Brokers, however, sometimes tread a fine line with pocket listings if they’re hoarding the sales for their own gain. Representing the buyer and seller is not only frowned upon by the real estate community but also violates New York's co-brokering rules, which require that a seller’s brokers send the listing to other firms and then split the commission with the buyer’s broker.

"When people hire a broker they want the service: full exposure, professional pictures, the whole 9 yards," said Kazemi, of BOND New York, who told the shy seller that in a "hot" neighborhood such as Greenpoint, the broker could attract 50 people to an open house and spur a bidding war.

But the seller insisted she didn't want people poking through her stuff during open houses, Kazemi explained.

So, he reached out to other clients, his friends and family. He called colleagues at big firms and at small ones around the neighborhood. Roughly two weeks after Kazemi began hunting for a buyer, he found one through a local firm. The condo sold for $573,000.

Off-market deals have long been part of the commercial real estate market. They've also been common in the upper echelon of the city's residential market, where sellers rely on the rolodexes of high-end brokers to quietly market their homes.

Jessica Cohen, of Douglas Elliman, has recently seen more sellers across the board request that their homes not be listed online.

"The market has been so sensitive to something getting stale," she explained. "[Buyers] think if it’s been on the market more than a few weeks it wasn’t priced right or something is wrong. So if your property doesn’t sell quickly, then you’re devaluing your home because people think it’s more negotiable."

While some sellers think a deal on the down low will avoid the risk of their home sitting on the market, on the flip side, by not listing, they might not get as much for their property, Cohen said.

"Usually to get the highest price it behooves them to bring it to market," said Cohen, who knows of about seven potential sellers on the Upper West and Upper East sides who are not interested in listing their homes.

"Our hands are tied in bringing it to market because we can only do what the seller is willing [to do]," she added.

Under New York’s co-brokerage rules, an agent must list a home unless a seller requests the home not be listed, explained real estate attorney Craig L. Price.

But Karen Gastiaburo, of Warburg Realty, said it’s incumbent on a broker to convince a seller that a listing must be shared.

There are ways for brokers to work around sellers’ concerns about privacy, by not disclosing “too much” in a listing, she explained.

If someone is concerned about a home sitting too long on the market, then maybe that seller has "unrealistic numbers in their head” for the sale price, she said.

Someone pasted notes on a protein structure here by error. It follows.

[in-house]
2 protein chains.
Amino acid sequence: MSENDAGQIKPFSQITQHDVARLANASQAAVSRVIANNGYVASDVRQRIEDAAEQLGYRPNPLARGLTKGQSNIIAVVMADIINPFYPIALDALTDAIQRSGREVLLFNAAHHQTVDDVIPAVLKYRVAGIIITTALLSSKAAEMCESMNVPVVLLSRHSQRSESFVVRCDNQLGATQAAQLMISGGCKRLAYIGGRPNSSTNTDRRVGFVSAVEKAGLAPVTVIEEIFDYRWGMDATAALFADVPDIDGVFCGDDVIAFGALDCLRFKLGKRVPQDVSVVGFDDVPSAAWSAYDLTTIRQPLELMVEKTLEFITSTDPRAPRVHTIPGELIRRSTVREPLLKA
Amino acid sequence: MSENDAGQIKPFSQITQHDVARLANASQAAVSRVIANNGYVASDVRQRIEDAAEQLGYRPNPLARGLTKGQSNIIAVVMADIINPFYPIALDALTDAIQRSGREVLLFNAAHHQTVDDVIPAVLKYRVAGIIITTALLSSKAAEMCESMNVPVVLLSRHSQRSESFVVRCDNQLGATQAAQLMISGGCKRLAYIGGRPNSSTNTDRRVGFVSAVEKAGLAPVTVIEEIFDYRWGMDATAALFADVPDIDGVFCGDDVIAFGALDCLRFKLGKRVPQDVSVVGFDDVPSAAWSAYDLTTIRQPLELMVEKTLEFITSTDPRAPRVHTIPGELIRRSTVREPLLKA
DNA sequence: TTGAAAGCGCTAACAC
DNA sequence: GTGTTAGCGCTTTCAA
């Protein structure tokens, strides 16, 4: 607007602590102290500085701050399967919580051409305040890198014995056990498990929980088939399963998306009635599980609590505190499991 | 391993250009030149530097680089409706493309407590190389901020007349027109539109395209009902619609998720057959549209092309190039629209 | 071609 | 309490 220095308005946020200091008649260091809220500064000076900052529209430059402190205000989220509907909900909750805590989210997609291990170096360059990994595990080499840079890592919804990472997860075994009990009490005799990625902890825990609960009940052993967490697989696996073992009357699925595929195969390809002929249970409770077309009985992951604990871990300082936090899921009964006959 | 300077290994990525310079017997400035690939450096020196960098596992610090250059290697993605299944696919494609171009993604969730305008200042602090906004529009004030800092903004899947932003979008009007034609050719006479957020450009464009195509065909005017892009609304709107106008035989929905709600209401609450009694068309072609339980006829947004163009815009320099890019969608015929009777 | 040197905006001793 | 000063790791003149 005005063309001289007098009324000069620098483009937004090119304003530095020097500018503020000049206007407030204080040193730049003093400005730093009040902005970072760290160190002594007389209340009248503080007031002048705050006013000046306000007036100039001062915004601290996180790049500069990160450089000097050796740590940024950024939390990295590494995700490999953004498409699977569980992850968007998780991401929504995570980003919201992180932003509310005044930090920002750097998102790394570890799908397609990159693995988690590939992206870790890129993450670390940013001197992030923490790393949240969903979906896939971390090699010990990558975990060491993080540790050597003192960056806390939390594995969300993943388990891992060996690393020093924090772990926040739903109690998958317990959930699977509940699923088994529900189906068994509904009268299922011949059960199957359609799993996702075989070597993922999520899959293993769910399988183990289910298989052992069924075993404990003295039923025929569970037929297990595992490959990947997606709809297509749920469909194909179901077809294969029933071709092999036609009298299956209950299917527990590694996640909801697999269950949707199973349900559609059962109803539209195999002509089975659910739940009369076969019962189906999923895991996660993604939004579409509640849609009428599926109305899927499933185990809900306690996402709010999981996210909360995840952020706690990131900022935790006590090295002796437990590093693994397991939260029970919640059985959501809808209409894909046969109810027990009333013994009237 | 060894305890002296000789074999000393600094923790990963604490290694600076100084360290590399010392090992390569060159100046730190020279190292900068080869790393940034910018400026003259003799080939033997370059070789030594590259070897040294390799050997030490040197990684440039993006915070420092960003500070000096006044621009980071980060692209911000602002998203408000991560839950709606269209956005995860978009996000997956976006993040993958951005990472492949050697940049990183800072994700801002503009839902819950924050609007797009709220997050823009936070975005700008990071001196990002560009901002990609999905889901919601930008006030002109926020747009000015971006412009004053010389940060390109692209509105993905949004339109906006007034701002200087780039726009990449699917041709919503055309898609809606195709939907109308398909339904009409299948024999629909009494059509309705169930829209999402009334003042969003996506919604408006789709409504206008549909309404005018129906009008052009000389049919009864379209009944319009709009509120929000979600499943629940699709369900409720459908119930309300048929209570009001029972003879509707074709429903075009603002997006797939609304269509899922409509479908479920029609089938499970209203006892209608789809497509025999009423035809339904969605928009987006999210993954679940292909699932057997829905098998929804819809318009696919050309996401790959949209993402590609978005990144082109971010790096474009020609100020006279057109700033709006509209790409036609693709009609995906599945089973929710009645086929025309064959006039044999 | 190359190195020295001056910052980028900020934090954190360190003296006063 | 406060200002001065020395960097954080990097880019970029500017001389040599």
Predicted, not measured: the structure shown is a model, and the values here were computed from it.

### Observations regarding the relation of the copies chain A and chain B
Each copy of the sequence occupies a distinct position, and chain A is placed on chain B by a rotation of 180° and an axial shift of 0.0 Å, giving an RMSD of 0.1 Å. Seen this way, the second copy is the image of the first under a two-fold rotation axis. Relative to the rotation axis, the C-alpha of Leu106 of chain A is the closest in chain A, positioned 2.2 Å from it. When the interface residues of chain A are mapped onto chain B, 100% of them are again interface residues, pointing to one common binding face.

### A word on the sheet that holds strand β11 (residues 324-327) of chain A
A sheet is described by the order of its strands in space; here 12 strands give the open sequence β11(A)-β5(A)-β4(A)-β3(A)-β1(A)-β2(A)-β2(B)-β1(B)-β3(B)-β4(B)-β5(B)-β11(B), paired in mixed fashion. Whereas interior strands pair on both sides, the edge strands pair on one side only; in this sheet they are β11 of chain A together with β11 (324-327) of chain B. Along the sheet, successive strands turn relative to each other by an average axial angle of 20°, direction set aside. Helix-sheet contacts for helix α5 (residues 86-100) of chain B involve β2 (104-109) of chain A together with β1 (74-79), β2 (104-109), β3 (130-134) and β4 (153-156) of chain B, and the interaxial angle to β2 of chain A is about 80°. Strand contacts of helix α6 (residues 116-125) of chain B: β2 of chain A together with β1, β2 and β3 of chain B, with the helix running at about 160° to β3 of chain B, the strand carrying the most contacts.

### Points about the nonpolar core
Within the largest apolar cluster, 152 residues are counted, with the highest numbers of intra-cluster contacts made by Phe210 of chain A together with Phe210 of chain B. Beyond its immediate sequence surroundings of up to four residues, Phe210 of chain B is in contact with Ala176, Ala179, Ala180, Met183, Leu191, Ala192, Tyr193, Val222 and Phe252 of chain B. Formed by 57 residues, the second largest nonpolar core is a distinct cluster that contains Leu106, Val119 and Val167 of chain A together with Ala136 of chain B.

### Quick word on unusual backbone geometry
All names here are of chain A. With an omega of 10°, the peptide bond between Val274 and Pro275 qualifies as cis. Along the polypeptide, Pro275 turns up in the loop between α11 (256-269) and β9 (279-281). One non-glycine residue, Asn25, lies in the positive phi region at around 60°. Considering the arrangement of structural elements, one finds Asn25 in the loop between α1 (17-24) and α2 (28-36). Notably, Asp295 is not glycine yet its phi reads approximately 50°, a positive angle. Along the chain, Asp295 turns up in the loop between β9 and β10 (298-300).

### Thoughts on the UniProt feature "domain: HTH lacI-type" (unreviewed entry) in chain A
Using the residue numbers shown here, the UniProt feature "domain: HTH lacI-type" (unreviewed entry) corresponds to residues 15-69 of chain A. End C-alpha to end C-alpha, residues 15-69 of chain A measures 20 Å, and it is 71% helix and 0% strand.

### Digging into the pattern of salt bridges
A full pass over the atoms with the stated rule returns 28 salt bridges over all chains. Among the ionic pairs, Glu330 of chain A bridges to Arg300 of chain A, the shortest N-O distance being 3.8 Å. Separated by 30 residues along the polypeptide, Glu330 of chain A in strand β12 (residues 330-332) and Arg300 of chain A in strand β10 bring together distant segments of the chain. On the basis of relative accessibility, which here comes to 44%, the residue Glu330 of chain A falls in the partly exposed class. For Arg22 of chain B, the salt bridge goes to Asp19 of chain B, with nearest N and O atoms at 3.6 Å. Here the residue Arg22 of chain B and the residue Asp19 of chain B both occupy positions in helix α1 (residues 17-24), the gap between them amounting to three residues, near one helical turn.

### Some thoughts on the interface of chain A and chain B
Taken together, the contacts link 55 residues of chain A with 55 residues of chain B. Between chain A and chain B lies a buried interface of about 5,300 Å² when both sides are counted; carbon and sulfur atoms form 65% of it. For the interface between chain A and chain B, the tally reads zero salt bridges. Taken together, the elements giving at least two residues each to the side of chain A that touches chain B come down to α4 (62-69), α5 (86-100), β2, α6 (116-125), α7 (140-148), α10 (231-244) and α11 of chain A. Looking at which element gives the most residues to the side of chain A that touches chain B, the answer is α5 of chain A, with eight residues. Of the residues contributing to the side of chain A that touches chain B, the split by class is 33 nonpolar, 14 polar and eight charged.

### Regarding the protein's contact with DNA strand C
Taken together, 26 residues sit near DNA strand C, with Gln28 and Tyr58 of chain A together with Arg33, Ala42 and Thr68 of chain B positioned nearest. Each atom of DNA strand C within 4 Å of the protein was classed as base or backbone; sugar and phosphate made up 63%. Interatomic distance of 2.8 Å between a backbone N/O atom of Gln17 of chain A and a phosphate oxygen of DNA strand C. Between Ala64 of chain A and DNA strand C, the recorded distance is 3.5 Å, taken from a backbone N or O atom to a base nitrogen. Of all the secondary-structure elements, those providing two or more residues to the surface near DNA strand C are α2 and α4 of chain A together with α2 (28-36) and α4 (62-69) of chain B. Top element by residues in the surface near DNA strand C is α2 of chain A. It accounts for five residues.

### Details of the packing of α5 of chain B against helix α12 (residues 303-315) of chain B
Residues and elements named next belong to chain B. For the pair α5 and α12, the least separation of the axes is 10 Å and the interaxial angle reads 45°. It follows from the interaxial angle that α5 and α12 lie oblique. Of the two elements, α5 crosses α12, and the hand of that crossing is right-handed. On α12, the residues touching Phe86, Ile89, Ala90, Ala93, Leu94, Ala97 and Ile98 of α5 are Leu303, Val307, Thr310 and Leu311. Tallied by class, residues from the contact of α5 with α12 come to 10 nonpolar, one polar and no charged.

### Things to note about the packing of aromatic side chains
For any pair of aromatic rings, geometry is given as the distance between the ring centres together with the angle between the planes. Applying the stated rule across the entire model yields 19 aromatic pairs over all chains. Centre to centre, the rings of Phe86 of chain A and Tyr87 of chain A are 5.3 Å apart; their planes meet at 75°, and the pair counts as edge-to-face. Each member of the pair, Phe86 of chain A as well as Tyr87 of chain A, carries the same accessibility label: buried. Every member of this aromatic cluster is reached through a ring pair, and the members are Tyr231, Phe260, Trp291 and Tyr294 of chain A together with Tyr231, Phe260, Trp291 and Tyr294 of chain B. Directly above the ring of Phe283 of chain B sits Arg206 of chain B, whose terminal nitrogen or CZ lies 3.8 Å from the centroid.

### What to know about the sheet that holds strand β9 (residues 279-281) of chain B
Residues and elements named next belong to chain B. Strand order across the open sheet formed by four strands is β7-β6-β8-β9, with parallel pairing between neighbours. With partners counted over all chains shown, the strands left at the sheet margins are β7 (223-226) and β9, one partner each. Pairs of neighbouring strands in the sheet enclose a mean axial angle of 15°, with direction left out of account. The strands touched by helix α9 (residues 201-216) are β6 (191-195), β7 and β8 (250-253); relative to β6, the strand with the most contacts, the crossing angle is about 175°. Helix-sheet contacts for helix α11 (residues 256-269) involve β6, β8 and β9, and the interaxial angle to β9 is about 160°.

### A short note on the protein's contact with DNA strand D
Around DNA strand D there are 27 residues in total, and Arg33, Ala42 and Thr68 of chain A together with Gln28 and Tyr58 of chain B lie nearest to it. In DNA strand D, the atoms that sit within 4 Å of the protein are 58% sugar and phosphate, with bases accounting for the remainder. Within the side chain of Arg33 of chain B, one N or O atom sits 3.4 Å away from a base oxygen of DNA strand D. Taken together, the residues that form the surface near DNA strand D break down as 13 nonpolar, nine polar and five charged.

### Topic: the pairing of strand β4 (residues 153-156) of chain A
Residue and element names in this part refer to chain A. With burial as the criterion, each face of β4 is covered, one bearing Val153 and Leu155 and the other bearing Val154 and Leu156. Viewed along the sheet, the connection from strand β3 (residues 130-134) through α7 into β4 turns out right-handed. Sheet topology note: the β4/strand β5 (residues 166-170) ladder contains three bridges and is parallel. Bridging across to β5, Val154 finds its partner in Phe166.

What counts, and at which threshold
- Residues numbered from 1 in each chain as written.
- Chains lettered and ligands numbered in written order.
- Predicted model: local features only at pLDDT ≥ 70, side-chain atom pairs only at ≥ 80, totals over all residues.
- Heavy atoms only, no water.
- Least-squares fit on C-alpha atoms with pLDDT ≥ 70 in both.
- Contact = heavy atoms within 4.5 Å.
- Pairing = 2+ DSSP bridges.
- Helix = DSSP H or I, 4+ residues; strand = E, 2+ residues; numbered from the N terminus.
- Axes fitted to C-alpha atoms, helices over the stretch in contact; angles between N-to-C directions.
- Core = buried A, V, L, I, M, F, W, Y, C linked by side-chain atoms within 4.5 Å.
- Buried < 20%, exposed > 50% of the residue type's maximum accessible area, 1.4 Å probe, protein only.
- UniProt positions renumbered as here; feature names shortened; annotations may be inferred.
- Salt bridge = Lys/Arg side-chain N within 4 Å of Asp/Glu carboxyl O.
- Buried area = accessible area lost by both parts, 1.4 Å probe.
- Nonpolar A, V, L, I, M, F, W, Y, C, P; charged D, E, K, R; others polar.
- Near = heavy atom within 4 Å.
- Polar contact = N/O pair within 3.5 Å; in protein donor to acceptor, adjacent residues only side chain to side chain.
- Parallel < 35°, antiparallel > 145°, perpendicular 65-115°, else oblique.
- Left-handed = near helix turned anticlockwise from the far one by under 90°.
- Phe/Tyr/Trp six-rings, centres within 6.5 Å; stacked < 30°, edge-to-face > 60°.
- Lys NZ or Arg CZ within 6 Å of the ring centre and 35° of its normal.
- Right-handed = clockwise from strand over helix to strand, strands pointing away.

“In this marketplace right now if it's priced right it will go sooner rather than later and probably go in a month,” Gastiaburo said, adding that if it sits on the market it was likely overpriced from the start.

Yet, when buyers are looking for specific homes that aren’t on the market, brokers will hunt down owners to see if they’re willing to sell, said Rob Anzalone, of Fenwick Keats.

His firm recently brokered such a deal for a $10 million property on the Upper West Side.

“When supply is low people need to be resourceful and look for other ways to tempt people to sell,” he said. "[That was] basically a private sale with a broker. It's old-fashioned investigating, and good brokers do it."

Curbed NY

Published 09/27/2013 - By What $4,100/Month Can Rent You Around New York City

What $4,100/Month Can Rent You Around New York City

Welcome back to Curbed Comparisons, a column that explores what one can rent for a set dollar amount in various New York City neighborhoods. Is one man's studio another man's townhouse? Let's find out! Today's price:$4,100/month.

↑ Two floors (one of which appears to be the basement) in a renovatedGreenpoint house contains two beds, two baths, 1,500 square feet, and a private terrace for $4,000/month. Oh yeah, and there's a private pool. It's pretty hard to argue with a private pool. Regardless of how the voting plays out, we're just going to go ahead and declare this one the winner up front.

↑ In the Financial District, this spacious 2BR/2BA can be converted to a less spacious 3BR/2BA. It's new and shiny and looks like it gets pretty good light. The building, being a luxury rental building in FiDi, has plenty of amenities. The apartment is asking $4,195/month.

↑ This spacious, light-filled 2BR/2BA in Carroll Gardens is asking$4,200/month. It has nice-looking floors, a lot of exposed brick, and a amply-sized kitchen.

↑ This 2BR/2BA duplex in Greenwich Village is three blocks south of Union Square and has a lot of exposed brick. Unfortunately, it's all covered in a salmon shade of paint that's really making us crave lox. $4,100/month.

↑ On the Upper West Side, a renovated 3BR/1BA is going for $3,995/month. Everything is all new and there are a bunch of closets.

↑ A 2BR/2BA in Downtown Brooklyn's The Toren is available for$4,000/month or $4,395/month furnished. It has a ton of amenities, including a gym, concierge, recreation facilities, and pool. Not a private pool, though.

Which place would you pick?
Carroll Gardens
Greenwich Village
Upper West Side
Downtown Brooklyn